Amul: Bold attempts to diversify Consider the Gujarat Co-operative Milk Marketing Federation (GCMMF)25, best known for its Amul brand. For long, Amul has been equated with butter and cheese. Over the years, Amul has moved into milk chocolate, ice-cream, curd, mozzarella, cheese and condensed milk. Its latest move to offer pizzas at a price of Rs. 20 has created a furore in the markets. Amul is also planning to launch a coffee brand, in association with the coffee cooperatives of south India. Amul’s low cost operations, zero debt and very low working capital requirement (Rs. 22 crore on sales of Rs. 2300 crore, according to finance chief L S Sharda26), make it well placed to continue offering products for the mass markets. Managing director BM Vyas is very confident27: “This dairy, non diary thing is a producer’s distinction. For the consumer, Amul just stands for quality foods.” Chairman Verghese Kurien is equally upbeat 28: “Amul is a brand worthy of the trust of 100 million Indians. Why should it just be a label for butter?” But clearly Amul is taking some big risks in its bid to emerge as a diversified foods company with a targeted turnover of Rs. 10,000 crore by 2006-07. The big question is whether Amul can leverage its existing brand equity in these new businesses. As Amul diversifies, risk of diluting its brand equity cannot be underestimated. Past experience indicates that diversification is not all that easy. Take the case of chocolates, which Amul entered in the 1970s. Amul’s market share is only 2% against market leader Cadbury’s 70%. However, Amul is no pushover. Its ability to keep prices low is well established. Moreover, its distribution network includes 100,000 retailers with refrigerators, an 18,000 strong cold chain and 500,000 non refrigerated retail outlets. In ice-creams, which Amul entered in the mid 1990s, it has a creditable 27% market share compared to market leader HLL’s 40%. The Amul girl has proved to be an effective brand mascot. It has given the company’s ads a great deal of visibility, has helped it gain instant recognition and kept advertising expenses down to just 1% of its revenues. Amul’s competitors spend between 7 and 10% of their revenues on ads. Amul has also got much more out of its advertising by allocating 40% of its advertising budget to umbrella branding through its Taste of India campaign.
24 25 26 27 28
Managing for Results, pp. 208-209. We use the term Amul and GCMMF interchangeably here. Economic Times Corporate Dossier, August 31, 2001. Economic Times Corporate Dossier, August 31, 2001. Business Today, September 30, 2001.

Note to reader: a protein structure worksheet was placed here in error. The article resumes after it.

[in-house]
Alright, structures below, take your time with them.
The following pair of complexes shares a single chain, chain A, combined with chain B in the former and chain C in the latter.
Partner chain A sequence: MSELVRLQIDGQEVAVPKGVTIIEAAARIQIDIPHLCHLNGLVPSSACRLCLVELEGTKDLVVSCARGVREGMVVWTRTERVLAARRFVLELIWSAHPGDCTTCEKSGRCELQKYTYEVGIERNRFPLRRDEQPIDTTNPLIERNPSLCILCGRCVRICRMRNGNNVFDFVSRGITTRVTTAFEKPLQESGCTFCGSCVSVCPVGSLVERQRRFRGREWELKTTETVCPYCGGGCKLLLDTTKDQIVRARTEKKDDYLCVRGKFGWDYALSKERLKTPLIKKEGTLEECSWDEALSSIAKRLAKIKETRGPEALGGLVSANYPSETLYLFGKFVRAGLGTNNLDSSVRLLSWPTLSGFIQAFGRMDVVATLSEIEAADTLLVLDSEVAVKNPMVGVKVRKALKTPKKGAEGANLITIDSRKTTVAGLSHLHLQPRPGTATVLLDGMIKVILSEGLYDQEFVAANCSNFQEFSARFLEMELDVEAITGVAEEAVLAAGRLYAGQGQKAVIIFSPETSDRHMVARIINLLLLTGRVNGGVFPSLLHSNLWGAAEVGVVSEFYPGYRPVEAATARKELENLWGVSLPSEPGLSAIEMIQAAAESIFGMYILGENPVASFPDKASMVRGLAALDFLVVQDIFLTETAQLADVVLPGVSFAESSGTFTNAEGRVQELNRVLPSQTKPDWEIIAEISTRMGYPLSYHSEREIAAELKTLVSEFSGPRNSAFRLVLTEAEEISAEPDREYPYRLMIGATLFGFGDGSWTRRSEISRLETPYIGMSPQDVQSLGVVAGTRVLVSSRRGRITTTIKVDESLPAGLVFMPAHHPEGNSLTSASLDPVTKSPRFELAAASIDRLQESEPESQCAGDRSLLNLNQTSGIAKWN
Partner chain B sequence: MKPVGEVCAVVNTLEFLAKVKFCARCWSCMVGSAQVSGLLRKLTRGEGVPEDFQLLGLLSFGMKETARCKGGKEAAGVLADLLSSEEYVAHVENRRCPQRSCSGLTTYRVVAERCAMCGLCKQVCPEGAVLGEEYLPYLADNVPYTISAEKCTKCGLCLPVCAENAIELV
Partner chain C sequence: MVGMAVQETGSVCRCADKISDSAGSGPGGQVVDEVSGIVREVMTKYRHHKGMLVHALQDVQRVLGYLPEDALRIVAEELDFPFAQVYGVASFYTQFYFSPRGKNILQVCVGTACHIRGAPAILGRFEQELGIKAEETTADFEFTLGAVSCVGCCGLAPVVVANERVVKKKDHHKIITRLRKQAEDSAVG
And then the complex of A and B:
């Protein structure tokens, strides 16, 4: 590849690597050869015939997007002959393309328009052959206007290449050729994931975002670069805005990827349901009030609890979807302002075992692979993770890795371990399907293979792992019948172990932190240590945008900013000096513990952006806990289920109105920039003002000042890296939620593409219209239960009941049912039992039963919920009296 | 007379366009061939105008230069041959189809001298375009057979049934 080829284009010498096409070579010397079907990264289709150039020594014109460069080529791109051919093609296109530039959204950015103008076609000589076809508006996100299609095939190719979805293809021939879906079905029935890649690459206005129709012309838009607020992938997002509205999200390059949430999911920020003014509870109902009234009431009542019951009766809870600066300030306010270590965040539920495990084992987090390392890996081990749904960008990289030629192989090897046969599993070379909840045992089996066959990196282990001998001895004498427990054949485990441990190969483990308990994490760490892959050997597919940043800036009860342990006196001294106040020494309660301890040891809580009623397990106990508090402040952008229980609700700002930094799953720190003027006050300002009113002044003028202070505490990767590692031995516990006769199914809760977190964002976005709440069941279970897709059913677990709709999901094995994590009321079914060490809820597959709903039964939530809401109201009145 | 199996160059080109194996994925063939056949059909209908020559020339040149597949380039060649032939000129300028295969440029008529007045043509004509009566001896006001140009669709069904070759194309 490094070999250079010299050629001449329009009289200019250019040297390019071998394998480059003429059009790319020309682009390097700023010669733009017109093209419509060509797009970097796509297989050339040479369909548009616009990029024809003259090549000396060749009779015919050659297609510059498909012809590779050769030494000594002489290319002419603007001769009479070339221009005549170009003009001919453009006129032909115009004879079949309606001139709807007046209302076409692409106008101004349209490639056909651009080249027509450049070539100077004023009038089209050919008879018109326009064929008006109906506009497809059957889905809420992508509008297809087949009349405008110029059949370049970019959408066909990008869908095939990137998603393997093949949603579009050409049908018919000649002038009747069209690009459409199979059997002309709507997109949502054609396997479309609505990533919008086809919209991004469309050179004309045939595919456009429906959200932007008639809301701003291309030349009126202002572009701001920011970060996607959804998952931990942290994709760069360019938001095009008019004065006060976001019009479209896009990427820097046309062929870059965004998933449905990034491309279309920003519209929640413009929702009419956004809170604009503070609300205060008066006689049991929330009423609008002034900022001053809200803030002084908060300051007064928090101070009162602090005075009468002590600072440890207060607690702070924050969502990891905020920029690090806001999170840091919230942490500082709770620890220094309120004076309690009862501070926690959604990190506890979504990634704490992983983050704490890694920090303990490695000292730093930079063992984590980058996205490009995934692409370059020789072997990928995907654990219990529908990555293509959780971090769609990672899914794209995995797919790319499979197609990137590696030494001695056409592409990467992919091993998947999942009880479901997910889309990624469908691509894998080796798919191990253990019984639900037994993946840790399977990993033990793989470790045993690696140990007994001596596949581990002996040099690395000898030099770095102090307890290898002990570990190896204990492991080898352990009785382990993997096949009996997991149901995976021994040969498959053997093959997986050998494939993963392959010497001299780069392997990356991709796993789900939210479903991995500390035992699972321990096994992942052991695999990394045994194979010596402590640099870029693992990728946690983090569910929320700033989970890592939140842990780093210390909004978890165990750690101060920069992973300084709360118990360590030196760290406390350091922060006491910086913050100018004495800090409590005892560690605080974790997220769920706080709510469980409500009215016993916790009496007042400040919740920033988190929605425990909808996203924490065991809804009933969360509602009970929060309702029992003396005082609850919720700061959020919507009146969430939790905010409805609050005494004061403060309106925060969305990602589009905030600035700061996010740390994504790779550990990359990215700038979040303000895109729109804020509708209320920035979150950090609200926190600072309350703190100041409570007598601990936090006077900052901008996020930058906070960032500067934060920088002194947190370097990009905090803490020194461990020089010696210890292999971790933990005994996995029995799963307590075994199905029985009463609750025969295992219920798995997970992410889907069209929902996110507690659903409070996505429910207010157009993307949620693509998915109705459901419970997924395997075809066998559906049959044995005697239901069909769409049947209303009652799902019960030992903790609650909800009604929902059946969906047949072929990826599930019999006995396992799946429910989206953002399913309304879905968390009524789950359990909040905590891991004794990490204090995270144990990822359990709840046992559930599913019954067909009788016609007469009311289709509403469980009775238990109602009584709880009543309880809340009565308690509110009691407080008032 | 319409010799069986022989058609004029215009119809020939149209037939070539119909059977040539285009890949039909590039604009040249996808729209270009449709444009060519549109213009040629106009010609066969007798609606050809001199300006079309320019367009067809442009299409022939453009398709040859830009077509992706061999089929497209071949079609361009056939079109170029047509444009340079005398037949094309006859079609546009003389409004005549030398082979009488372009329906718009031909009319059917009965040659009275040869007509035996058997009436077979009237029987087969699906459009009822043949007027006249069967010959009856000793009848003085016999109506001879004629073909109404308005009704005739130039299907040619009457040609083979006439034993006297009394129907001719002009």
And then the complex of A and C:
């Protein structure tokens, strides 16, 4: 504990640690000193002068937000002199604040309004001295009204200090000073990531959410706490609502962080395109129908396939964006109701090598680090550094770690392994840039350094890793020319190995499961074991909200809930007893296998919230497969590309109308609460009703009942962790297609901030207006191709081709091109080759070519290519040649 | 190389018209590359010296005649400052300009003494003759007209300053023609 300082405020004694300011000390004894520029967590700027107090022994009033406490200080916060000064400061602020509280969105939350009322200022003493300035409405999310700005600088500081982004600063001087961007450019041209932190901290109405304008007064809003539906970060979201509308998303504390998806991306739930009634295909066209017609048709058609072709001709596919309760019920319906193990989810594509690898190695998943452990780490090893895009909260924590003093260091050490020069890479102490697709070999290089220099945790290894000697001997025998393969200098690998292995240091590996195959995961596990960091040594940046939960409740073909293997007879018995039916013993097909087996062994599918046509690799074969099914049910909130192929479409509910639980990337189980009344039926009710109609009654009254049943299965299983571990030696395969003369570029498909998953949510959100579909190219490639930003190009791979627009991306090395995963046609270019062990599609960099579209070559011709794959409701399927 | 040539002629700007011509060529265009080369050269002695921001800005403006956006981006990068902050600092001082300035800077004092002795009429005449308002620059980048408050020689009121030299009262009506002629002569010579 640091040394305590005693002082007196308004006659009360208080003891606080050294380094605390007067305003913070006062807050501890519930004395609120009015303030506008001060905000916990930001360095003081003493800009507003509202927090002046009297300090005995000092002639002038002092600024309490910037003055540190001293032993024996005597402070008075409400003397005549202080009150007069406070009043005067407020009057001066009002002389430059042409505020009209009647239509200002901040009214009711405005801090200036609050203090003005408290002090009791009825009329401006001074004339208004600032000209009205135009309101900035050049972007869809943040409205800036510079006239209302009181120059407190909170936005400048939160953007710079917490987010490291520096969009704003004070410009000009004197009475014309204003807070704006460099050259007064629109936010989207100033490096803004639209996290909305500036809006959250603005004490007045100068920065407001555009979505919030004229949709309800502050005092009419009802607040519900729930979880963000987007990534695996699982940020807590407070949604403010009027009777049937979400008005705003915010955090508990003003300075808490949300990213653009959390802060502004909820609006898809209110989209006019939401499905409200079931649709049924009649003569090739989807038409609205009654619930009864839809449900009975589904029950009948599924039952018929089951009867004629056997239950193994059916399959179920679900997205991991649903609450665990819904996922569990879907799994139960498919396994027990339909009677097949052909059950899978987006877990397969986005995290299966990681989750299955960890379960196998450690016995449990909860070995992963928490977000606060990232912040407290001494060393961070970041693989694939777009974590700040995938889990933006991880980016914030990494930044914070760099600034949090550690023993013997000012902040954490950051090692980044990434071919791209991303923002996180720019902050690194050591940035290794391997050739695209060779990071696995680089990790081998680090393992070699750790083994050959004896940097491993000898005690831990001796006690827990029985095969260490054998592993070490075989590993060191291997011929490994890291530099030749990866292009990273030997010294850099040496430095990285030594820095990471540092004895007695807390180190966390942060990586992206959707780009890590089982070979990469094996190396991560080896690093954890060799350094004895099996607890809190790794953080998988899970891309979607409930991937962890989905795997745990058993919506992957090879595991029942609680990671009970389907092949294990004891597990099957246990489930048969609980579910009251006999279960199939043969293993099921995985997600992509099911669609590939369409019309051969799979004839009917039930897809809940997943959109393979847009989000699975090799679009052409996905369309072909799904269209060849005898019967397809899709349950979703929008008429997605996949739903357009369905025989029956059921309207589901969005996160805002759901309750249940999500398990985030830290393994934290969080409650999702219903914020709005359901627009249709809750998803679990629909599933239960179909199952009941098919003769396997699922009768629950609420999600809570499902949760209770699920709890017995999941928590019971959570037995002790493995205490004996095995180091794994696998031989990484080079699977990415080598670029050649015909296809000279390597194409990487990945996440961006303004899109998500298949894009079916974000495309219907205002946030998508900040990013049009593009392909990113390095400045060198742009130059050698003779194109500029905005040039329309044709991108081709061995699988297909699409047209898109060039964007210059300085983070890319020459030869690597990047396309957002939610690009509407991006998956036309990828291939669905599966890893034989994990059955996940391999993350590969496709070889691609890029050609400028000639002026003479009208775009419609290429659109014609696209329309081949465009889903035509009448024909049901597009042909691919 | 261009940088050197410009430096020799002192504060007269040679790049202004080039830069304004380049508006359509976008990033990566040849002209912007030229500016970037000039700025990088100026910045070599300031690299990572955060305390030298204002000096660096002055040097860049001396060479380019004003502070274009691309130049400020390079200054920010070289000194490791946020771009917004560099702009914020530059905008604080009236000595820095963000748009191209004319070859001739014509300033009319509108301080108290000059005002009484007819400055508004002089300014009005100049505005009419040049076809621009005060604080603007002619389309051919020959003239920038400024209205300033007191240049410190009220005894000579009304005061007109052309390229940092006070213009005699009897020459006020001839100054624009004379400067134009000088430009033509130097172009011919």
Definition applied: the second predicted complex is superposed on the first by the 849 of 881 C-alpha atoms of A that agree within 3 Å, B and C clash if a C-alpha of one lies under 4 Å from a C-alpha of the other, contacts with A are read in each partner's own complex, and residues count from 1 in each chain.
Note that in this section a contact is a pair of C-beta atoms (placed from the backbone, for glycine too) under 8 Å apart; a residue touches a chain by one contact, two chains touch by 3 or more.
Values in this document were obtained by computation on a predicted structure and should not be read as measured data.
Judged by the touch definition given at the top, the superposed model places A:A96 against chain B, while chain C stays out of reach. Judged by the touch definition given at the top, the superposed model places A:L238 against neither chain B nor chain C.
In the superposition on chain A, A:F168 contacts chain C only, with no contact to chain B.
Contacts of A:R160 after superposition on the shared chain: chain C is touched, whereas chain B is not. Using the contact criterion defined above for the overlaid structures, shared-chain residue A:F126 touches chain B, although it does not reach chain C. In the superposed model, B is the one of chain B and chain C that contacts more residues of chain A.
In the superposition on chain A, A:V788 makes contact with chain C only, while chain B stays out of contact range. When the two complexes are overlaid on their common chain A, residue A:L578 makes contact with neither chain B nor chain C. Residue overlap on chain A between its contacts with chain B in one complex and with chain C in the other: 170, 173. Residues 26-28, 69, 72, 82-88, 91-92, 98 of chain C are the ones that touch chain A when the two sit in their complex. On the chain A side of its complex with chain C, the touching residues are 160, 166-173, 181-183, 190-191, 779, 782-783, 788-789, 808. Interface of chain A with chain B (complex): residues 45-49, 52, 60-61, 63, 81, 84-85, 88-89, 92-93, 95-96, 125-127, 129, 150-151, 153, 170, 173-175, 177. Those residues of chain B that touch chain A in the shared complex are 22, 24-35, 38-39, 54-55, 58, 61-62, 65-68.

These comments were made by Drucker more than 30 years back. Today, the business environment has become much more volatile and dynamic. So, diversification cannot be avoided. The right question to ask, more often than not, is not whether to diversify, but where and how to diversify. Drucker offers a general guiding principle in this context: “A company should either be diversified in products, markets and end-uses and highly concentrated in its basic knowledge area; or it should be diversified in its knowledge areas and highly concentrated in its products, markets and end-uses. Anything in between is likely to be unsatisfactory29.” Another famous management guru, Gary Hamel30 contends that excessive dependence on a single market may be a high-risk gamble. Hamel advocates a broad portfolio to increase a company’s resilience in the wake of rapidly shifting customer priorities. For Hamel, a portfolio can consist of countries, products, businesses, competencies or customer types. Infosys believes in the same strategy. (See interview with Infosys Managing Director Nandan Nilekani in Chapter I). The pros and cons of diversification In general, entry into a new business is advisable only if it is likely to have a beneficial impact on the existing businesses. Benefits may be in various forms - better distribution, improved company image, defense against competitive threats and improved earnings stability. When entering a new business, the firm must be able to offer a distinct value proposition in the form of lower prices, better quality or more attractive features. Alternatively, it should have discovered a new niche or found a way to market the product in an innovative way. Jumping into a new business just because it is growing fast or current profitability is high, is a risk that is best avoided. This is precisely why many software companies based in Hyderabad have gone bust after the slowdown of the US economy. Opportunistic diversification has also been the main reason for the downfall of several Indian entrepreneurs in the granite, aquaculture and floriculture businesses (See box item). The portfolio theory states that unsystematic risk, the risk particular to a company or an industry, can be eliminated by building a diversified basket of stocks. In fact, Harry Markowitz, William Sharpe and Merton Miller won the Nobel prize in 1987 for their theory of portfolio diversification. The fortunes of all industries do not move in tandem. So, the downs in one industry can be compensated by the ups in another. Knowledgeable investors consequently attempt to build a diversified portfolio, which is vulnerable only to systematic risk, i.e., the swings in the economy as a whole. However, many feel that it is cheaper for investors to build a diversified portfolio than for companies to diversify risk on behalf of investors. Indeed, this view is supported by the theory of core competence which has dominated management thinking in recent times. In the 1960s and 1970s, many companies diversified, hoping to stabilize earnings, gain administrative economies of scale and reduce risk. But in the 1980s, many consultants and academicians argued that risk reduction could be better achieved by individual investors. They were in favour of diversified businesses being broken into smaller units, each of which could concentrate on the industry and activities it knew best.